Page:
BACKGROUND/AIMS Endothelium dependent vasodilatation is an important regulator of blood flow to the eye but its role has not been investigated in vessels supplying the ciliary body. This study assessed the role of the endothelium in modulating vasoconstrictor responses of the intraocular bovine anterior ciliary artery.
METHODS Bovine anterior ciliary arteries (n=33) were mounted in a myograph, containing physiological salt solution at 37°C, for isometric force measurement. Cumulative concentration-response curves were obtained to the constrictor agonists 5-hydroxytryptamine (5-HT), noradrenaline, phenylephrine, prostaglandin F2α, endothelin-1, and KCl in both endothelium intact and denuded arteries.
RESULTS All vasoconstrictors produced sustained contractile responses which were unaffected by the removal of the endothelium. Responses to 5-HT were also unaffected by inhibition of nitric oxide synthase.
CONCLUSION These results indicate that neither agonist stimulated nor basal release of nitric oxide from the endothelium modulates responses to vasoconstrictor agonists in the isolated bovine anterior ciliary artery when measured in a no flow isometric system.
- anterior ciliary artery
- constrictor agonists
- nitric oxide
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Basal and/or agonist induced release of endothelium derived nitric oxide (NO) is a significant factor in the regulation of ocular blood flow.1-3 Consequently endothelial cell dysfunction in ocular vessels may account for the ophthalmic complications of diseases associated with dysfunction of the endothelium in the systemic vasculature (for example, diabetes, hypertension).4Similar alterations may also occur in some patients with glaucoma who have ocular or generalised vasospastic sequelae.5
The role of endothelium derived mediators in the control of vascular function in the eye varies in different arteries.2 Their contribution to tone in vessels supplying the ciliary body has not been investigated, although high levels of constitutive NO synthase (eNOS) are located in the human outflow pathway and ciliary muscle.6 This may be relevant to the development of glaucoma as patients with this condition, which is associated with an increase in both outflow resistance and intraocular pressure (IOP), have a reduced distribution of NO containing cells in the outflow pathway.7 Furthermore, nitrovasodilators, which mimic the actions of NO, reduce IOP through a mechanism involving alterations in the resistance to aqueous humour outflow.8
The limited data available on normal physiological control of ocular blood vessels make it difficult to describe the exact vascular alterations which occur during disease progression. The development of the small vessel myograph by Mulvany and Halpern9 has provided a technique which can be used to investigate vascular function in vitro using vessels with an internal diameter of as little as 100 μm. The aim of the present study was to investigate the role of the endothelium in mediating vasoconstriction in the intraocular bovine anterior ciliary artery.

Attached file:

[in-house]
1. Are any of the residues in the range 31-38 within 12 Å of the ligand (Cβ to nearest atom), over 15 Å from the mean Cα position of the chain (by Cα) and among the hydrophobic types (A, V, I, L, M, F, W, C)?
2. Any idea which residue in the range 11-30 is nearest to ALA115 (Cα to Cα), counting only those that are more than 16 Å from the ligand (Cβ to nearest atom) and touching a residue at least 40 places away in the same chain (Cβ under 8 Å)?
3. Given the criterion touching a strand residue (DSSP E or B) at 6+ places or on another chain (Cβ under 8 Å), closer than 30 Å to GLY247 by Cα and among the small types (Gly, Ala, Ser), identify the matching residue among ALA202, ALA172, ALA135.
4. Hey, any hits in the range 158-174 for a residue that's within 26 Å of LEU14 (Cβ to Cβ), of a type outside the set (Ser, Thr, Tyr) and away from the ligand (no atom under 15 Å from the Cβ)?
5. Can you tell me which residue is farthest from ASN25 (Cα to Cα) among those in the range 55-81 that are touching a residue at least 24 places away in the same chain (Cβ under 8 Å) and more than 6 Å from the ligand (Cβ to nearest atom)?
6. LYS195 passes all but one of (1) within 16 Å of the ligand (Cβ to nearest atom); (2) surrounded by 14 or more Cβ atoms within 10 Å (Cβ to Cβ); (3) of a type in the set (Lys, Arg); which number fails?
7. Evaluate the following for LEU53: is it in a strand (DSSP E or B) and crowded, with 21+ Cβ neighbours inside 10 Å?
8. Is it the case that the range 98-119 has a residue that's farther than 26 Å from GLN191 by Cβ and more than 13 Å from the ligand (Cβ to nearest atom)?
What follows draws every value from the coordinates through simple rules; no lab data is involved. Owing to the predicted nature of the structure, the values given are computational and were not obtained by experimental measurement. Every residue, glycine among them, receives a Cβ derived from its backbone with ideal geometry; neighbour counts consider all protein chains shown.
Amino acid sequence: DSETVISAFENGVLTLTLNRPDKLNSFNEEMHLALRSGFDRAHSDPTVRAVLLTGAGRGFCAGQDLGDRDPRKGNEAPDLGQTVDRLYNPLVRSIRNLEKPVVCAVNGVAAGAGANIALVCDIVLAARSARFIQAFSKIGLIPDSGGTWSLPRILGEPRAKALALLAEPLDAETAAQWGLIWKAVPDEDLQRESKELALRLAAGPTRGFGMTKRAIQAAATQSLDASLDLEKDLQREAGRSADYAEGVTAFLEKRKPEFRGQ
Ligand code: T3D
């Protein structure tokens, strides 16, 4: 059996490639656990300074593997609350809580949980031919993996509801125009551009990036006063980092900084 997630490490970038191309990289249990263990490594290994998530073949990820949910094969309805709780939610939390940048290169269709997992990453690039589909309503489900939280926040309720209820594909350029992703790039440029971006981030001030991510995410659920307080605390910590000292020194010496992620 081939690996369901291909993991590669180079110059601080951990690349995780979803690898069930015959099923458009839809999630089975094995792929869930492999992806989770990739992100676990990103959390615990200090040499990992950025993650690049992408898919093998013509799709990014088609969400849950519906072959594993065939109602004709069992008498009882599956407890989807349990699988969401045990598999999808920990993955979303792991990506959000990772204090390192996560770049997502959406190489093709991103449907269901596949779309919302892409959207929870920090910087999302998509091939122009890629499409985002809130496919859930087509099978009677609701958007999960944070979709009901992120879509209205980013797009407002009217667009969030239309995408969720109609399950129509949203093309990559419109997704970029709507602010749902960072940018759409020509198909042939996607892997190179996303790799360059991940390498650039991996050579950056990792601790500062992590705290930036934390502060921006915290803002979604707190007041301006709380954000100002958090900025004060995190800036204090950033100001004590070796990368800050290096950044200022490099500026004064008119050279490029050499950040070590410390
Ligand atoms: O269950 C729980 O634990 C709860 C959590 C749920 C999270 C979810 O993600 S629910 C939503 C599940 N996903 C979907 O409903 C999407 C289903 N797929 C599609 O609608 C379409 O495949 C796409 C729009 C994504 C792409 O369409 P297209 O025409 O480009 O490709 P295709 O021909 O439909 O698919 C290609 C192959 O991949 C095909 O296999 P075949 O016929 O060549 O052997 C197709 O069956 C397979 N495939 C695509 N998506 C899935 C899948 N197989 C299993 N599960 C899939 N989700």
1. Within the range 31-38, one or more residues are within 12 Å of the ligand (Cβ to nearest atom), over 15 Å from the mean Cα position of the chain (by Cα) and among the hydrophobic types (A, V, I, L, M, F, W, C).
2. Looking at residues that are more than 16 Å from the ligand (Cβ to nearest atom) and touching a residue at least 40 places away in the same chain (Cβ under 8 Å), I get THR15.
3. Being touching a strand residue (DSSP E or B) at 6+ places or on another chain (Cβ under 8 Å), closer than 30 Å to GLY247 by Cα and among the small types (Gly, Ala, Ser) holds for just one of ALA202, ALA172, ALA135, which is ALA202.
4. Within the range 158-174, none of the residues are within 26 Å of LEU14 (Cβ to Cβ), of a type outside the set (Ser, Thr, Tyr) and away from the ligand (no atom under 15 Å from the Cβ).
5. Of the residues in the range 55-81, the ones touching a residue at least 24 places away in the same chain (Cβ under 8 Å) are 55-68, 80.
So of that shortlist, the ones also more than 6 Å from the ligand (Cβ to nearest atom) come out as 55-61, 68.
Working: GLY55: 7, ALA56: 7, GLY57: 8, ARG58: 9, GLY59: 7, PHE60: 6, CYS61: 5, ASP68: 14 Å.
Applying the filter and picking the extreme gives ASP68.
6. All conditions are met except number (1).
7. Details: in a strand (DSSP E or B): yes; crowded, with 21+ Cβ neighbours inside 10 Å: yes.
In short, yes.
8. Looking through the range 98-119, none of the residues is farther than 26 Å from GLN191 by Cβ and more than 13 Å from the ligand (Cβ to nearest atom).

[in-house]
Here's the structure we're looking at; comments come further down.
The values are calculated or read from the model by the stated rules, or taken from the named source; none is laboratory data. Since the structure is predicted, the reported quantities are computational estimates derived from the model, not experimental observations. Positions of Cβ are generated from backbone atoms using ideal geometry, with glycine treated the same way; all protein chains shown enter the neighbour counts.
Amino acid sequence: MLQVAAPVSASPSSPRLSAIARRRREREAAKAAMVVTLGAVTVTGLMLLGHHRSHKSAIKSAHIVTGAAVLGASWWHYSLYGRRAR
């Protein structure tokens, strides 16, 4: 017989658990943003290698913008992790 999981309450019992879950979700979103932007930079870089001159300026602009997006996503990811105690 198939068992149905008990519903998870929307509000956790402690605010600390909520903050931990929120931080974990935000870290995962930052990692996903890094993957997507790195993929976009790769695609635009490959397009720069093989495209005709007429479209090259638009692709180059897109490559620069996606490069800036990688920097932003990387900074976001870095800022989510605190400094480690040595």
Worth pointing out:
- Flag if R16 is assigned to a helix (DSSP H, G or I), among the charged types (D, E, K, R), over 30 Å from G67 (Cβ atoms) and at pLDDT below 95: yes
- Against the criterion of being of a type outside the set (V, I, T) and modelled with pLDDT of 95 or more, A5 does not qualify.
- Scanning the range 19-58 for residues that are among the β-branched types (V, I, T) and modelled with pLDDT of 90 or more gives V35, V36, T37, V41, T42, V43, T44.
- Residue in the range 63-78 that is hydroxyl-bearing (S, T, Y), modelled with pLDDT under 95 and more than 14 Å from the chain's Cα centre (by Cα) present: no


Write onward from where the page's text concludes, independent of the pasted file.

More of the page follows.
Materials and methods
Bovine eyes were obtained from the abattoir and transported in cold physiological salt solution (PSS) of the following composition (mM): NaCl 119, KCl 4.7, MgSO4 1.17, KH2PO4 1.18, glucose 5.5, K2EDTA 0.026, NaHCO3 25, CaCl2 2.5. The posterior segment of the eye together with the vitreous was removed, intraocular anterior ciliary arteries were dissected from beneath the choroid and transferred to the chamber of a wire myograph (Model 400A, JP Trading, Aarhus, Denmark).
Arterial rings, approximately 2 mm in length, were mounted on two 40 μm intraluminal wires for measurement of isometric force development. The vessels were allowed to equilibrate in PSS at 37°C and gassed with 95% oxygen, 5% carbon dioxide for 30 minutes before undergoing normalisation using standard methodology.10 Briefly, this involved stepwise stretching of the vessel and application of the LaPlace relation to determine the internal circumference (L100) of a vessel when relaxed and under an effective transmural pressure of 100 mm Hg (13.3 kPa). The vessel was then set at an internal circumference of 0.9 L100 at which many small arteries,10 including bovine11 and canine12 ocular arteries develop maximum or near maximum active tension. This setting has been used previously in functional investigations of bovine anterior ciliary arteries.13 The vessels were then left to equilibrate under their normalised tension for 30 minutes.
The functional integrity of the endothelium was assessed in each artery by the addition of bradykinin (BK; 10−6 M) following contraction with 5-hydroxytryptamine (5-HT; 3 × 10−7M). The endothelium was considered intact if BK evoked a relaxation of greater than 60% of the 5-HT induced tone. In some arteries the endothelium was removed by gently rubbing the lumen of the vessel with a human hair. Histological studies have confirmed that this method successfully removes the endothelium14and denudation was confirmed in the present study by the failure of the vessel to relax in response to BK (10−6 M).
INFLUENCE OF THE ENDOTHELIUM ON VASOCONSTRICTOR RESPONSES